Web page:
Respond to two of your classmates postings about their topics.
The topic that I have selected is firefighter health and safety, specifically the identification, treatment, and research protocols for PTSD in firefighters. The two sources that I have selected are listed below;
The first source is an article titled Mindfulness is associated with fewer PTSD symptoms, depressive symptoms, physical symptoms, and alcohol problems in urban firefighters.The research looks largely at the ability to intervene in the development of PTSD by utilizing a scale known as Mindful Awareness and Attention Scale. One of the most difficult factors in PTSD is the nature in which it is so subjective and so difficult to quantify. First responders can also hide and mask many of there symptoms if they do not want to seek treatment. By establishing some type of standardization of symptoms perhaps the trend in research can lean towards treatment in a more meaningful fashion.
The second reference is an article titled Predictors of posttraumatic stress disorder and other psychological symptoms in trauma-exposed firefighters. The research published in this study also deals with PTSD in first responders. One of the key factors it examines is the differentiation between an acute stress reaction and a cumulative stress reaction, which is often times called burnout. Many times when the ideology of stress and firefighters are introduced there is no delineation made between the two, however, they are both very different and should be treated as such.
Meyer, E. C., Zimering, R., Daly, E., Knight, J., Kamholz, B. W., & Gulliver, S. B. (2012). Predictors of posttraumatic stress disorder and other psychological symptoms in trauma-exposed firefighters. Psychological Services, 9(1), 1.
Smith, B. W., Ortiz, J. A., Steffen, L. E., Tooley, E. M., Wiggins, K. T., Yeater, E. A., … & Bernard, M. L. (2011). Mindfulness is associated with fewer PTSD symptoms, depressive symptoms, physical symptoms, and alcohol problems in urban firefighters. Journal of Consulting and Clinical Psychology, 79(5), 613.
My research topic is something that is of continual discussion, and disagreement, in the fire service. I chose to research and discuss the differences that are provided by straight stream and fog stream nozzles. There is no shortage of opinion pieces published on this topic, but what is fantastic is the amount of fire simulation testing that is surfacing involving this topic. In my research this week, I got into he rabbit hole a bit, and really found a good foundations of articles top use (using techniques from our week 2 PowerPoint).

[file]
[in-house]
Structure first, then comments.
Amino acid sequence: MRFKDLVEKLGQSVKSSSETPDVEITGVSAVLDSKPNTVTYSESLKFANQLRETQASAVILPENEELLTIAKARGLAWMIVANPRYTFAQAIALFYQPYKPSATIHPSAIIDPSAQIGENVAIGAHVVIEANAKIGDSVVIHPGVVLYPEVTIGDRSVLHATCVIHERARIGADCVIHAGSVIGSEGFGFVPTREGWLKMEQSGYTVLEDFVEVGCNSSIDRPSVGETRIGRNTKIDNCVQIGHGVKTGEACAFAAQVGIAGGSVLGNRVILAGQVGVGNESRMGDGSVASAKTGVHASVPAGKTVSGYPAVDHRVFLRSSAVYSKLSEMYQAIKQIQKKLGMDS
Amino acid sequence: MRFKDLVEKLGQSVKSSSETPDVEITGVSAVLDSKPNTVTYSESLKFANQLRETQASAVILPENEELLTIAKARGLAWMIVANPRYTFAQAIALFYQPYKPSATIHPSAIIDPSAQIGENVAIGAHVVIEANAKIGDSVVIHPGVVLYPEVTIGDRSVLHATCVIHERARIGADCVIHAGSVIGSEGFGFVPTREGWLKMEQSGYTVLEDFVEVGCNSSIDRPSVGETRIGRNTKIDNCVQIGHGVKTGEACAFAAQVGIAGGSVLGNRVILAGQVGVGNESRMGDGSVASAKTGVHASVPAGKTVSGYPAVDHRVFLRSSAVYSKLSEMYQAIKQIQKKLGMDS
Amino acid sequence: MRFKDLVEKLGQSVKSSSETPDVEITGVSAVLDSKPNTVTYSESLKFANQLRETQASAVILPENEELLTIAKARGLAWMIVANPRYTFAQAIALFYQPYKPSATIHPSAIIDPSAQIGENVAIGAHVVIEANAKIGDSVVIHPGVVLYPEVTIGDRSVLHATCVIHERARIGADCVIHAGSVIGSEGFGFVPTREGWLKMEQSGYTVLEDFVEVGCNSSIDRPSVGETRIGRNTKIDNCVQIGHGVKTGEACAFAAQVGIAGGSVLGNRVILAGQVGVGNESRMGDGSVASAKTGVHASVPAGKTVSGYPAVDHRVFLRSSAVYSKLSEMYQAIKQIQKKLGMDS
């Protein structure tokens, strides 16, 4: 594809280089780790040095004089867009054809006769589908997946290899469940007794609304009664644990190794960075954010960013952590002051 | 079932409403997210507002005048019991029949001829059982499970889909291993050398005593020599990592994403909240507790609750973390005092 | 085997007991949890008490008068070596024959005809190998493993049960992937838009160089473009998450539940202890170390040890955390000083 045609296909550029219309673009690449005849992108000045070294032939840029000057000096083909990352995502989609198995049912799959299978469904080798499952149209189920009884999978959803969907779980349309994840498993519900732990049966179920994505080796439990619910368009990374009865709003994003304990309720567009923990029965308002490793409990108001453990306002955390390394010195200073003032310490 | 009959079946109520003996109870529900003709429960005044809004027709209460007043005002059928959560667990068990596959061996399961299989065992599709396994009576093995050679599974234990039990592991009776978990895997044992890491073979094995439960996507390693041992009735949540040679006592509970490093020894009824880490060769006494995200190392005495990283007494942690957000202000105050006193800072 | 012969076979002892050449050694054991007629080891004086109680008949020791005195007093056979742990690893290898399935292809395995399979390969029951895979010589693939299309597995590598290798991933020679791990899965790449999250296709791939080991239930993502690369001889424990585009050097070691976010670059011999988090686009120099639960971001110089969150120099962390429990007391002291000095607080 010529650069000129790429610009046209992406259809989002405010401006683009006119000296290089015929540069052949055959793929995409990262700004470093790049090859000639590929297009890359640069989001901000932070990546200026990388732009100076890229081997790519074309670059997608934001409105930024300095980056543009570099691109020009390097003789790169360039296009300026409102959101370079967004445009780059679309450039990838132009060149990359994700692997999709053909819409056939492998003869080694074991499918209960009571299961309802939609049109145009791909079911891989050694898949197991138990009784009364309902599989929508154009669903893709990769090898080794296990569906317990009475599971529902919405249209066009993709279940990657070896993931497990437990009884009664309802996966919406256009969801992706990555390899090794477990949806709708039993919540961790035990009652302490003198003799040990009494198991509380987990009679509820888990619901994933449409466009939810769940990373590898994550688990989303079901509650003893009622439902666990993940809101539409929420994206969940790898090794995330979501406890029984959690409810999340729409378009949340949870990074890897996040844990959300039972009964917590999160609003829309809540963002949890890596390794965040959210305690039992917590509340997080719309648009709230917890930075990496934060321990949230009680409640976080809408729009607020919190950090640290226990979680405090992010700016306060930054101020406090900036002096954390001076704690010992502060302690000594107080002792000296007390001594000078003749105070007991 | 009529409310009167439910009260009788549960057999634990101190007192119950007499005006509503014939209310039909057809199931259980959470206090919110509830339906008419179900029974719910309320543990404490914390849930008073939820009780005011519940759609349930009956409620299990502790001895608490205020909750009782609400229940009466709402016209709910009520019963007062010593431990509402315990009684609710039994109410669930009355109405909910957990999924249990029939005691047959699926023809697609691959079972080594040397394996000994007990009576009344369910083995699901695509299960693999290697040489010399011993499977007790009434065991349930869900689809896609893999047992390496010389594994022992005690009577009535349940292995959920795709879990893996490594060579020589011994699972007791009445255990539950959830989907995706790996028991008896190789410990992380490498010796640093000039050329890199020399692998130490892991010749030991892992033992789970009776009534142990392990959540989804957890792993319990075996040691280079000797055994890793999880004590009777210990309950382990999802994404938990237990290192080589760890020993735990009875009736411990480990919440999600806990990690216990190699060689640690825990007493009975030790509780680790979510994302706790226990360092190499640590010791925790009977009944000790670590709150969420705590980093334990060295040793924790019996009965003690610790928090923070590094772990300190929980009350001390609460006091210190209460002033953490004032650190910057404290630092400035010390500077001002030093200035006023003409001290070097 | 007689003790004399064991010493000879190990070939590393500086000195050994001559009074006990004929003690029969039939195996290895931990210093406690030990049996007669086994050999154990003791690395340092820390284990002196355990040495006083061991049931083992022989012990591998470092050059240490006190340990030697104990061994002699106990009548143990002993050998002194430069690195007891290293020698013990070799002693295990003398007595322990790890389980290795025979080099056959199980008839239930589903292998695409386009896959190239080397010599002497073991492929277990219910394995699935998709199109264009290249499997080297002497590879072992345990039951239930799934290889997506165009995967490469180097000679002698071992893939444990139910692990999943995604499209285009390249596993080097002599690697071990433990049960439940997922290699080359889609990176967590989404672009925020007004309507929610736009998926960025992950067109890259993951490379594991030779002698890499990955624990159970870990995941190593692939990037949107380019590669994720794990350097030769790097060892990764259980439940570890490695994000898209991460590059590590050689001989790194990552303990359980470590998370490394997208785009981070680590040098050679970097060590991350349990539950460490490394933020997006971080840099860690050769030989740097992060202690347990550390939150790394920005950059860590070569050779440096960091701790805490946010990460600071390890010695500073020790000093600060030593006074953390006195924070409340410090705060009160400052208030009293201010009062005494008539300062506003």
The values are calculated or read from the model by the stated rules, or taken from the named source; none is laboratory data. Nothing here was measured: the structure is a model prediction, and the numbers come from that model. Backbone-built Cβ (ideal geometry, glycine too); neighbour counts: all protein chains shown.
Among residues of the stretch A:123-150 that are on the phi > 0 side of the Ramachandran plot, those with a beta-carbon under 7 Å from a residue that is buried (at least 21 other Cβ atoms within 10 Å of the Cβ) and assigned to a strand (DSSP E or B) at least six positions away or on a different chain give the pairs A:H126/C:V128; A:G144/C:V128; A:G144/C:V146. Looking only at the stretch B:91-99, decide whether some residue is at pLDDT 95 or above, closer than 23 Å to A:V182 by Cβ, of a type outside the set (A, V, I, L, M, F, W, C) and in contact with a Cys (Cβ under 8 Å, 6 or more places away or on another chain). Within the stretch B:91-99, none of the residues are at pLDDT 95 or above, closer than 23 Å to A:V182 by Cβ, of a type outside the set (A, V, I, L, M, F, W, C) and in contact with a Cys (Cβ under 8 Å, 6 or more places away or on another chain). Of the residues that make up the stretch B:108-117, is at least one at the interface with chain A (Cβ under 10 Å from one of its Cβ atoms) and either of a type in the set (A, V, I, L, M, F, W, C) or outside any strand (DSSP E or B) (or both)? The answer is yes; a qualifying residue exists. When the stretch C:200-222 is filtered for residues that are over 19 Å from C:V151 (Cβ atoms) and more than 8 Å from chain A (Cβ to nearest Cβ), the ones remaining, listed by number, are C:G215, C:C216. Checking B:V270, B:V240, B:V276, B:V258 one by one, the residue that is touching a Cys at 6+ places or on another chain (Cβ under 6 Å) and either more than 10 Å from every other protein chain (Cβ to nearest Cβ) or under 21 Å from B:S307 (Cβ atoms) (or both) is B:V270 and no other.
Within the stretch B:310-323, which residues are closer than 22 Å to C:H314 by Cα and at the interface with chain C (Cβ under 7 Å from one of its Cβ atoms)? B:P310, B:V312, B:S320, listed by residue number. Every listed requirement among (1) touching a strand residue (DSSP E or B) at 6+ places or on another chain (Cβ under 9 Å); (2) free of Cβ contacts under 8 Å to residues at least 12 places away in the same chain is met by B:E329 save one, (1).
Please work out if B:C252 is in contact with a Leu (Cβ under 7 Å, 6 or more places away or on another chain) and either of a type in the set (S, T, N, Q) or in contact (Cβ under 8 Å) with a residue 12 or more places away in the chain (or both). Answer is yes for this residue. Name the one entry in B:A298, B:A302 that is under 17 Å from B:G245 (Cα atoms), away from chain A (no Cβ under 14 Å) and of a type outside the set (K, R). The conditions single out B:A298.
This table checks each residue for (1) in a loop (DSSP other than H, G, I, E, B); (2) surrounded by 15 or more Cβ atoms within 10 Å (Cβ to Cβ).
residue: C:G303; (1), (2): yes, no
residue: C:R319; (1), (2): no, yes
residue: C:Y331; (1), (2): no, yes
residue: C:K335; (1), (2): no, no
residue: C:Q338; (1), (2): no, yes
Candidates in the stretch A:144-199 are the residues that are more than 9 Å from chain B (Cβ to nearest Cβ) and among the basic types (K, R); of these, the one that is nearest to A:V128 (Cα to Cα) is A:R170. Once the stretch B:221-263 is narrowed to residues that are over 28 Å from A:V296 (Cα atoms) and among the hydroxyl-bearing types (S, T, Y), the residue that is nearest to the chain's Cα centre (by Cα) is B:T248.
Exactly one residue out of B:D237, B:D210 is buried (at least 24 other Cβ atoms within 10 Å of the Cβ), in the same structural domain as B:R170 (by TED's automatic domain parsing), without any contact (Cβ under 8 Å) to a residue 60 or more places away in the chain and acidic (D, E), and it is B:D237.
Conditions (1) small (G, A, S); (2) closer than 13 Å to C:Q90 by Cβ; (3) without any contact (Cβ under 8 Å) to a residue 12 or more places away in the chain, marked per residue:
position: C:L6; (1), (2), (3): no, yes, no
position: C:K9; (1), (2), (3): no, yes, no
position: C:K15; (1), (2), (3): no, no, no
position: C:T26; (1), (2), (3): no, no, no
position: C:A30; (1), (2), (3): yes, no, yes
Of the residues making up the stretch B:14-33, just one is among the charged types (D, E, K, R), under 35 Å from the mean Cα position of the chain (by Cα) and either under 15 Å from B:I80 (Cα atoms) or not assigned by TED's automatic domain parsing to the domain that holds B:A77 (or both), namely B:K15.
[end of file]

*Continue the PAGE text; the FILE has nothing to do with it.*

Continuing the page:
First, I located an article that was published originally in the book Firefighting Operations in High-Rise and Standpipe-Equipped Buildings written by Chief Dave McGrail. An excerpt was taken from the book and published on Fire Nuggets, which was then re-posted on Nozzle Forwards website, where I eventually found it. This article discusses the proper time to use both nozzles, as Chief McGrail is a proponent of each, if the situation calls for it. He goes into further depth about the fog stream, and the myth that it is protecting firefighters (in a structure particularly). He then explains how it is actually the “pushing” of fire, which could also be considered a myth! To properly parse through this information, I had to expand my research to fire testing.
Second, I watched a video done by Underwriters Laboratory’s (UL) Dan Madrzykowski, a member of the UL’s Fire Safety Research Institute. In this video, Dan describes where the “pushing fire” ideology comes from, and describes it as a change of pressures, not a literal act of fire being pushed. It was even more satisfying, as just recently in a different fire related class, I wrote a paper on flow paths. This help me really put a solid thought process to my research.
All-in-all, this weeks research really invigorated me in regards to my class project.
McGrail, Dave (2007) Smoothebore V. Combination Fog. Firefighting Operations in High-Rise and Standpipe-Equipped Buildings. Online. Retrieved from: https://nozzleforwarddotcom1.files.wordpress.com/2013/03/smoothbore-vs-combination-fog-2011.pdf
Williams, Jennifer (2018) Tactical Considerations Web Series: EP.10 – Pushing Fire. Underwriters Laboratory. Online. Retrieved from: https://ulfirefightersafety.org/posts/tactical-considerations-web-series-ep-10.html